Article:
Companies that neglect to bring the Internet of Things, wearables and mobile into their marketing mix are going to find themselves in the same boat as businesses that last decade resisted creating websites—sinking fast. For now, let’s forget the science fiction-like future where we will be eventually able to have brands implanted in more than our memory, and focus on how marketing can and will be reshaped by wearables. In fact, we could venture to bet that wearables have changed marketing more than probably anything else in 2016 – and we’ve got the lowdown of just how.
“When it comes to market research, wearables are closing the gap between the reported or remembered and actual behaviour significantly,” Maya Middlemiss, managing director of U.K.-based Saros market research company, told Blog ThinkBig. We’re no longer going to need to solicit information from our target audiences, a la Mad Men, you’re just going to provide us with it, enabling us to respond with tailored marketing.
In fitness it’s already happening. While others like Nike have failed or like Apple have fumbled, no company has proven that wearables are here to stay more than the one most likely to be on your wrist—unicorn four times over, Fitbit. Of course fitness is the most logical wearable success story because it appeals to our desire for instant gratification for something that actually takes a lot of work. Because of that, it’s a logical segue for the mobile apps or the device itself to deliver you ads not only to assist in those quick results—juicing recipes books, vitamins or diet pills—but, after understanding what kind of exercise you do, suggesting the right workout gear, or, vice versa, send you a deal for a local gym when you get lazier.
But the next generation of wearable-based advertising is not just about what you’re doing but where you’re doing it. As we’ve already touched on, location-based marketing becomes increasingly about context-aware marketing. While disguising your identity, it combines the general information you’ve already provided on your smartphone—age, sex, location—and your habits concluded by your wearables and other devices. From here, marketing analytics can decipher your needs, wants, and desires, especially from a shopping standpoint. In fact, they can build a rather specific profile on you. For example, imagine you spend a lot of time in your favourite department store, looking at maternity wear, that store can assume that you’re expecting and start sending you offers for baby stuff. Or perhaps, three times this month, you’ve spent more than five minutes each in the washer-dryer section, but, since a beacon hasn’t detected you at the checkout, they can know you haven’t made a purchase yet; on the payday first of the month, your Apple Watch pops up with a special offer of free delivery on any purchase this weekend.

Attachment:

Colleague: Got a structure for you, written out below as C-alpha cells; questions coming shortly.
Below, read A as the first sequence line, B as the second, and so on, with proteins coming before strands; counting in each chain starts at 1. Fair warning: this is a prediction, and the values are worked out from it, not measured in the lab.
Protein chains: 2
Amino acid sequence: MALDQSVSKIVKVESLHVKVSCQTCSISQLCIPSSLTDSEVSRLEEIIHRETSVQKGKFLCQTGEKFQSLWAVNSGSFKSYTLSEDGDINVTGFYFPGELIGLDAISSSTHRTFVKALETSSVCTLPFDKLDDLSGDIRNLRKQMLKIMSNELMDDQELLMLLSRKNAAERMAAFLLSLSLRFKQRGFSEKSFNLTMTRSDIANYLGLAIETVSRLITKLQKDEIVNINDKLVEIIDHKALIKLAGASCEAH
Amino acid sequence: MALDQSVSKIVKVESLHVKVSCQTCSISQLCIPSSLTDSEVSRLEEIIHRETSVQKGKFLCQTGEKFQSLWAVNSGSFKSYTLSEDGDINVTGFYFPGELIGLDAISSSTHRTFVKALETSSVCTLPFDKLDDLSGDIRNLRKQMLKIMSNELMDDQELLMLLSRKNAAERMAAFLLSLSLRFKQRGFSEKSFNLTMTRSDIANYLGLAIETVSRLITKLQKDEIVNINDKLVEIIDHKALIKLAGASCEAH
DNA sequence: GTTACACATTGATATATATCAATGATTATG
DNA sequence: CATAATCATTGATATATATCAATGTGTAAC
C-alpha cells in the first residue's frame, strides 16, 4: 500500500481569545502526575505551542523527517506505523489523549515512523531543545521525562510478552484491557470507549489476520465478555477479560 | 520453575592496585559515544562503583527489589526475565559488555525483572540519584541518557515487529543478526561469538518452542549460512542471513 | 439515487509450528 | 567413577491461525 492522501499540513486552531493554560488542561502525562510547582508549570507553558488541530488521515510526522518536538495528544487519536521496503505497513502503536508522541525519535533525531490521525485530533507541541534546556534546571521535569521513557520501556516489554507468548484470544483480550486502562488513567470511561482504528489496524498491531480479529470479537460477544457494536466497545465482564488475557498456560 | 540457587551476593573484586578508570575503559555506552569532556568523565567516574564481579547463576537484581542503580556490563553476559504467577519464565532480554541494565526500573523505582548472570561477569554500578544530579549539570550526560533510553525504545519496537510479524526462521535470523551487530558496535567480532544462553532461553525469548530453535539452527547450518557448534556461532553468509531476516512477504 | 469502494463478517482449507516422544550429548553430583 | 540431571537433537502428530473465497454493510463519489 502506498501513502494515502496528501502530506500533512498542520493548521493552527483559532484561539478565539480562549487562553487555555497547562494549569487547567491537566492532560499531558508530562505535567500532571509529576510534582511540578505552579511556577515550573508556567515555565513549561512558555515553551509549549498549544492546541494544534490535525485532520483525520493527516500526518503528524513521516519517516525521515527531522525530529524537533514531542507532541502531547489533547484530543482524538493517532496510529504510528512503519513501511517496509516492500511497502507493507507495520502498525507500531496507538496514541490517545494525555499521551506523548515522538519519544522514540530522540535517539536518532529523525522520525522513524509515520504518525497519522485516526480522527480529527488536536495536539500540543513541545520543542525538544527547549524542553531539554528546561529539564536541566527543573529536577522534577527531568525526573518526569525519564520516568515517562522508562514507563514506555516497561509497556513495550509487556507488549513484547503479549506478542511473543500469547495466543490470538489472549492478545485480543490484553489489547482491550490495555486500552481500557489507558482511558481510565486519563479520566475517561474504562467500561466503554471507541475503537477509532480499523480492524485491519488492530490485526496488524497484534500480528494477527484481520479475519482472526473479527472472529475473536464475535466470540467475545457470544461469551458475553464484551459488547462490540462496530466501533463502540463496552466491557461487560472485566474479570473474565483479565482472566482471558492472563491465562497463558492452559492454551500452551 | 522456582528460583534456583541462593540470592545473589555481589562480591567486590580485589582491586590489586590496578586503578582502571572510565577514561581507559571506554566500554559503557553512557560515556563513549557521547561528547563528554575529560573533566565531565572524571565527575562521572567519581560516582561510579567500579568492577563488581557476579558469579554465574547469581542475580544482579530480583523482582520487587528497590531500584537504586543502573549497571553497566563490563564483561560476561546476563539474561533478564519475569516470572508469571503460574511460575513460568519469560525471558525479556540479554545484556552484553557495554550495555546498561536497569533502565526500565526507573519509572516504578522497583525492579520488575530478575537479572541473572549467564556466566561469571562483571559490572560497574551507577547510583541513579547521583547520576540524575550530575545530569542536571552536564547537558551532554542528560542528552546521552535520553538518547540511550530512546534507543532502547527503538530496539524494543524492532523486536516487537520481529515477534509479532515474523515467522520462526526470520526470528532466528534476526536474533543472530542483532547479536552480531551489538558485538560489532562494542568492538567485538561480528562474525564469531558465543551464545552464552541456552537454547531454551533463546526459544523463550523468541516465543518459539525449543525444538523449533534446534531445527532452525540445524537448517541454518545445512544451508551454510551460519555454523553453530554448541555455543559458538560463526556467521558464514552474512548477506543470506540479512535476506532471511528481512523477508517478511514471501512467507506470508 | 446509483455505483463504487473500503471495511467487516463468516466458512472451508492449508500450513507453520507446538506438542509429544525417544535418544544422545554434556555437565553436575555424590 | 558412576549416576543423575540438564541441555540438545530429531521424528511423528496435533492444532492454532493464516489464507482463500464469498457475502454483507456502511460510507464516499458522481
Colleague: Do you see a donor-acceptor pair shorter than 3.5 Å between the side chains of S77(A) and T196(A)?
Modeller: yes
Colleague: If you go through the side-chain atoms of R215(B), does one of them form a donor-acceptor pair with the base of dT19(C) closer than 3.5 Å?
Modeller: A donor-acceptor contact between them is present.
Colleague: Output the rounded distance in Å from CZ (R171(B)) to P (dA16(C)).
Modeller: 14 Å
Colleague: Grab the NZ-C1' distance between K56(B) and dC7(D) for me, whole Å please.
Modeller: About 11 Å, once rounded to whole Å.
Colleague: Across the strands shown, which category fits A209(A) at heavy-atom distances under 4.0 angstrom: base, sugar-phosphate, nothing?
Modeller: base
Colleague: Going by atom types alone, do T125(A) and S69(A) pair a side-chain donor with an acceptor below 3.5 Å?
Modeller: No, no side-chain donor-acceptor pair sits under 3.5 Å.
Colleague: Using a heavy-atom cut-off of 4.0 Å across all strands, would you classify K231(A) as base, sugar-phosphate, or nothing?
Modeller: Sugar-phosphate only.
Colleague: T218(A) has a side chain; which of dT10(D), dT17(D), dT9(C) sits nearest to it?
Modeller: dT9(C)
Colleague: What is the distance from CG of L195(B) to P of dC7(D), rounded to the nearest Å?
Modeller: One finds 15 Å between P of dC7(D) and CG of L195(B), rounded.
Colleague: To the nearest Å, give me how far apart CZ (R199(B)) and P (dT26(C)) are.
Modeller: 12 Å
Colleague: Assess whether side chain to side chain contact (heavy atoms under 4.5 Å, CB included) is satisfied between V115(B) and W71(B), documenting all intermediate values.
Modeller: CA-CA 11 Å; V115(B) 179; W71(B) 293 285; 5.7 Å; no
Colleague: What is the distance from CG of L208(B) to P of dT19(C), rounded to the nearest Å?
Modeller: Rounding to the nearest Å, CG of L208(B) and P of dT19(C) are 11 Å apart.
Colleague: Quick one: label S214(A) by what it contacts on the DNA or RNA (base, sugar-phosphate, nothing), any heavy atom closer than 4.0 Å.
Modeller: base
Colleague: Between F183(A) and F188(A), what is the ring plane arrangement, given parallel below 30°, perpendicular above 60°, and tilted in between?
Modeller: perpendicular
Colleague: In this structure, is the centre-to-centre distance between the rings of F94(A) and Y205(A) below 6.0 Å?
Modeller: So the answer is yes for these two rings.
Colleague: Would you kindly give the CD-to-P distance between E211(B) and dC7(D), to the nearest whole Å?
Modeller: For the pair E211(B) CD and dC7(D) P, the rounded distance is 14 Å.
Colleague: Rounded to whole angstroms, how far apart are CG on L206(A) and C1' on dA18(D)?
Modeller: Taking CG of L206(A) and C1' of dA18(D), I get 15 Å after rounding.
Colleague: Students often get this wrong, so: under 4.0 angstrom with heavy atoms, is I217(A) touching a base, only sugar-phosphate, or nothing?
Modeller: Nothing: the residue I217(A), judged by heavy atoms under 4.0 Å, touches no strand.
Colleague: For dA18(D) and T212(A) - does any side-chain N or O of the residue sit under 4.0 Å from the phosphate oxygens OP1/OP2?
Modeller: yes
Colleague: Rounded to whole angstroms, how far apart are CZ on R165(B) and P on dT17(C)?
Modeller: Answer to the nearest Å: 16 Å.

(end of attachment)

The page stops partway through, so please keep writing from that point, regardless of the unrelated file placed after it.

Google and Facebook have made a living off of feeding us ads based on what we’ve searched for and what we’ve looked at, but they aren’t always accurate. I look at a lot of videos of puppies, but don’t have one, yet not a week goes by without me seeing a Purina ad. Wearables will help us generate big data than ever before, allowing for machine learning and extremely narrow, knowledgeable and reactive ad campaigns.
And—going so much farther than Google Glass—wearables don’t just give us insight into shopper behaviour, it helps us learn from shoppers’ subscious movements and responses too. It’s making for the most informed market research ever.
“For example in terms of shopper behaviour, we used to ask people about what they remembered seeing in a store or what fixtures caught their attention. Now we can fit them with a camera and literally see through their eyes, or aggregate data from many shoppers to create a heat-map of what draws visitors’ attention,” Middlemiss said. “This means the research can concentrate on the reasons behind this behaviour, instead of validating the behaviour in the first place”